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Overspin

My 10-year-old daughter takes a mighty swing and miss at a ball that bounces five feet over her head.

She glares at me.

“Why can’t you not spin the ball?”

“Huh?”

We’re taking tennis lessons together, and I’m hitting the ball too hard (too tall?) for her.

“Everyone else works for years to learn to spin the ball,” she says, “but you, you put spin on it no matter what.”

Funny thing – when I play against her I’ve been intentionally and consciously NOT spinning the ball as much – apparently not enough.

We start a mock game, me against her and Coach Pete.

Coach Pete lobs a few balls my way, and my daughter gets competitively indignant.

“Coach Pete, can you really play?”

Oops.

She poked the bear.

Coach Pete’s next shot screams low over the net at an impossibly sharp angle that nicks the far line and embeds itself in the side fence.

I don’t bother taking a step.

He hadn’t even been trying.

I’m super competitive, so I’m ready when he hits that same shot a second time.

I sprint as fast as I can to my backhand, fling my racquet out in the best impression I can muster of the two handed backhand swing he’s been teaching me, and send a fairly decent shot back in his direction.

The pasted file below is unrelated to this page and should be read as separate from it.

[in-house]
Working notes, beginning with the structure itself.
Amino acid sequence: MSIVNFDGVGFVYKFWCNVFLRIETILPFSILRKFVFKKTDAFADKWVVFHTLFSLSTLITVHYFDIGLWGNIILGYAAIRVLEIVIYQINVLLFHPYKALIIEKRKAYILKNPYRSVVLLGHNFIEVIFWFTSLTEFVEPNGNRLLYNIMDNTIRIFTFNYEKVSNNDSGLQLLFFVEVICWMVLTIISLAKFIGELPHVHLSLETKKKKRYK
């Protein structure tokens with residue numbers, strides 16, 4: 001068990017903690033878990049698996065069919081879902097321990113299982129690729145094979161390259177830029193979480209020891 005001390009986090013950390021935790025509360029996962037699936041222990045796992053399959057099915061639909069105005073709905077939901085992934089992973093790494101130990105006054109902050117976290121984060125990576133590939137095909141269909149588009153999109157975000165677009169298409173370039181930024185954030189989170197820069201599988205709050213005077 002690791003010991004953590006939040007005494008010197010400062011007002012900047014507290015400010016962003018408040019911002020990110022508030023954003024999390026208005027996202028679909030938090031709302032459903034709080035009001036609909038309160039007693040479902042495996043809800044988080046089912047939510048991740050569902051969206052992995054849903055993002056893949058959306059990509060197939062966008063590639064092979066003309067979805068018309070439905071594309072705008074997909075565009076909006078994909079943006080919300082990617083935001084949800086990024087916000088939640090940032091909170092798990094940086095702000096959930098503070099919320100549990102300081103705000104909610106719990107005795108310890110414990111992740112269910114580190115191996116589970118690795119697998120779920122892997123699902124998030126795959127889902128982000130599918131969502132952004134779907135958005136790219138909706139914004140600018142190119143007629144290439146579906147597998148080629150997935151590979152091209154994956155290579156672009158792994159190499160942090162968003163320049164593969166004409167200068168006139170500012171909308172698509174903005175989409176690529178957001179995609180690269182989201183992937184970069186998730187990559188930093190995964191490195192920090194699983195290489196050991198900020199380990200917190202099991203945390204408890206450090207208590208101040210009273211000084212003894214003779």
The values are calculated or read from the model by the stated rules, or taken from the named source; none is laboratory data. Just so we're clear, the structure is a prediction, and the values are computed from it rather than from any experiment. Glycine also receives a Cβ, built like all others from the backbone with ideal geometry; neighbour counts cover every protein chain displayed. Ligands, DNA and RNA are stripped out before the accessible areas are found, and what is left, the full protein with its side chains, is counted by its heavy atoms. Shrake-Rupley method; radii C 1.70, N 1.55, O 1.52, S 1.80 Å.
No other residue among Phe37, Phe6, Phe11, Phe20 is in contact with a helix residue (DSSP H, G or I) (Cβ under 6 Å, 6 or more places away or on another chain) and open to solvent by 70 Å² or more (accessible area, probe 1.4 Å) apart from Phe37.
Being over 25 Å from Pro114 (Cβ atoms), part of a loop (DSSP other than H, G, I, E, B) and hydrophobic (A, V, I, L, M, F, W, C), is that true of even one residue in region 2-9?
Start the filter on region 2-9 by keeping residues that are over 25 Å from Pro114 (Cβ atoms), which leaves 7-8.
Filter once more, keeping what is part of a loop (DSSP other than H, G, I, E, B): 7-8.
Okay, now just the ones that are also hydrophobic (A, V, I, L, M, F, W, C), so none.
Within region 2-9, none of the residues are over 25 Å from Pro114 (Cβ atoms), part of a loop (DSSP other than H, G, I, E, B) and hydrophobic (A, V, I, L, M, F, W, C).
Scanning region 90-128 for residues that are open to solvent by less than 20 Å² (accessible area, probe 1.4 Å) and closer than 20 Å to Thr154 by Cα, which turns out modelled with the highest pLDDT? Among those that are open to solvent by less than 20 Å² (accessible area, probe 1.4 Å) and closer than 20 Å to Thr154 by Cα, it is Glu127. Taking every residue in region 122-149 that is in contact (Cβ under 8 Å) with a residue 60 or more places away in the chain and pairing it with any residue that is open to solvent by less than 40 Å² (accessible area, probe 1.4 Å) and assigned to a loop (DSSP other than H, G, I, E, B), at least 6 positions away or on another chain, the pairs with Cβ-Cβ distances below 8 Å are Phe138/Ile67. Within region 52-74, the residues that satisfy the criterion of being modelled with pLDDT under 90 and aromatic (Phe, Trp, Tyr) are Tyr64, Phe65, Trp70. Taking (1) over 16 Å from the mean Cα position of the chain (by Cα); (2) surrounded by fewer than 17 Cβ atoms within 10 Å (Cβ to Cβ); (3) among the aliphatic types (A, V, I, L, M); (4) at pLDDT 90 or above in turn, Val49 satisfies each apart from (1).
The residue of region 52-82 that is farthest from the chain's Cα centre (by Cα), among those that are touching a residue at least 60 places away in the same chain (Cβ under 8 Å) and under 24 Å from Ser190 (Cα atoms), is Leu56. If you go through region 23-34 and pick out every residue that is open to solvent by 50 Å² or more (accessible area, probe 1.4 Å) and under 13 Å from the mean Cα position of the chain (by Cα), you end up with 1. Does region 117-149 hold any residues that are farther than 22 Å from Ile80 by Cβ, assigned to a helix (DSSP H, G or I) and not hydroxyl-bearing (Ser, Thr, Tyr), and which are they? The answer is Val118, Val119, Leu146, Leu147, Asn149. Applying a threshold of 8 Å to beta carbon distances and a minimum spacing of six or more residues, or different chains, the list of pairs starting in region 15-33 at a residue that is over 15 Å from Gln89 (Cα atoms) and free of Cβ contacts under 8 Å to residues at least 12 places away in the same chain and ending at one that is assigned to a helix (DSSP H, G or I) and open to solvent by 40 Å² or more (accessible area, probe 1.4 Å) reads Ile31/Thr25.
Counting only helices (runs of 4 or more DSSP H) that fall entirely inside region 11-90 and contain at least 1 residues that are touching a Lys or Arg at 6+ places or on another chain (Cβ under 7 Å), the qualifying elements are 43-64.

I start to congratulate myself, then realize I’m in trouble – deep trouble – and start sprinting as fast as I can back towards my forehand.

It’s a thing of beauty. The ball rises gently over the net, then darts down at the other impossibly sharp angle, skittering past the baseline still five of my running steps away from the scant two I’ve completed. 

I stop mid-court.

Coach Pete lobs me ball to start the next point that’s perfect placed for my forehand, and I attempt NOT to spin it too hard as I hit it towards my daughter.

And it gets me thinking about your Elevator Pitch.

Because your expertise is overwhelming.

Coach Pete played tennis professionally for years.

But he (usually) hits me balls I can hit.

He ratchets it up as I get better.

But he didn’t start by showing off his expertise.

You shouldn’t either.

Because it scares people off.

They don’t understand it.

Your Elevator Pitch should be easy and gentle and right in their wheelhouse.

Something they can manage.

Something they can talk about.

Something they can, yes, understand.

You can prove your expertise later.

Once they’re comfortable – once they know you can help them.

You can push them to be better – once you’ve established a baseline of working together.

So cut the jargon, and the passion, and the five year plan from your Elevator Pitch.

Stick with the basics.

Toss them a lob they can handle.

You can prove your expertise later.

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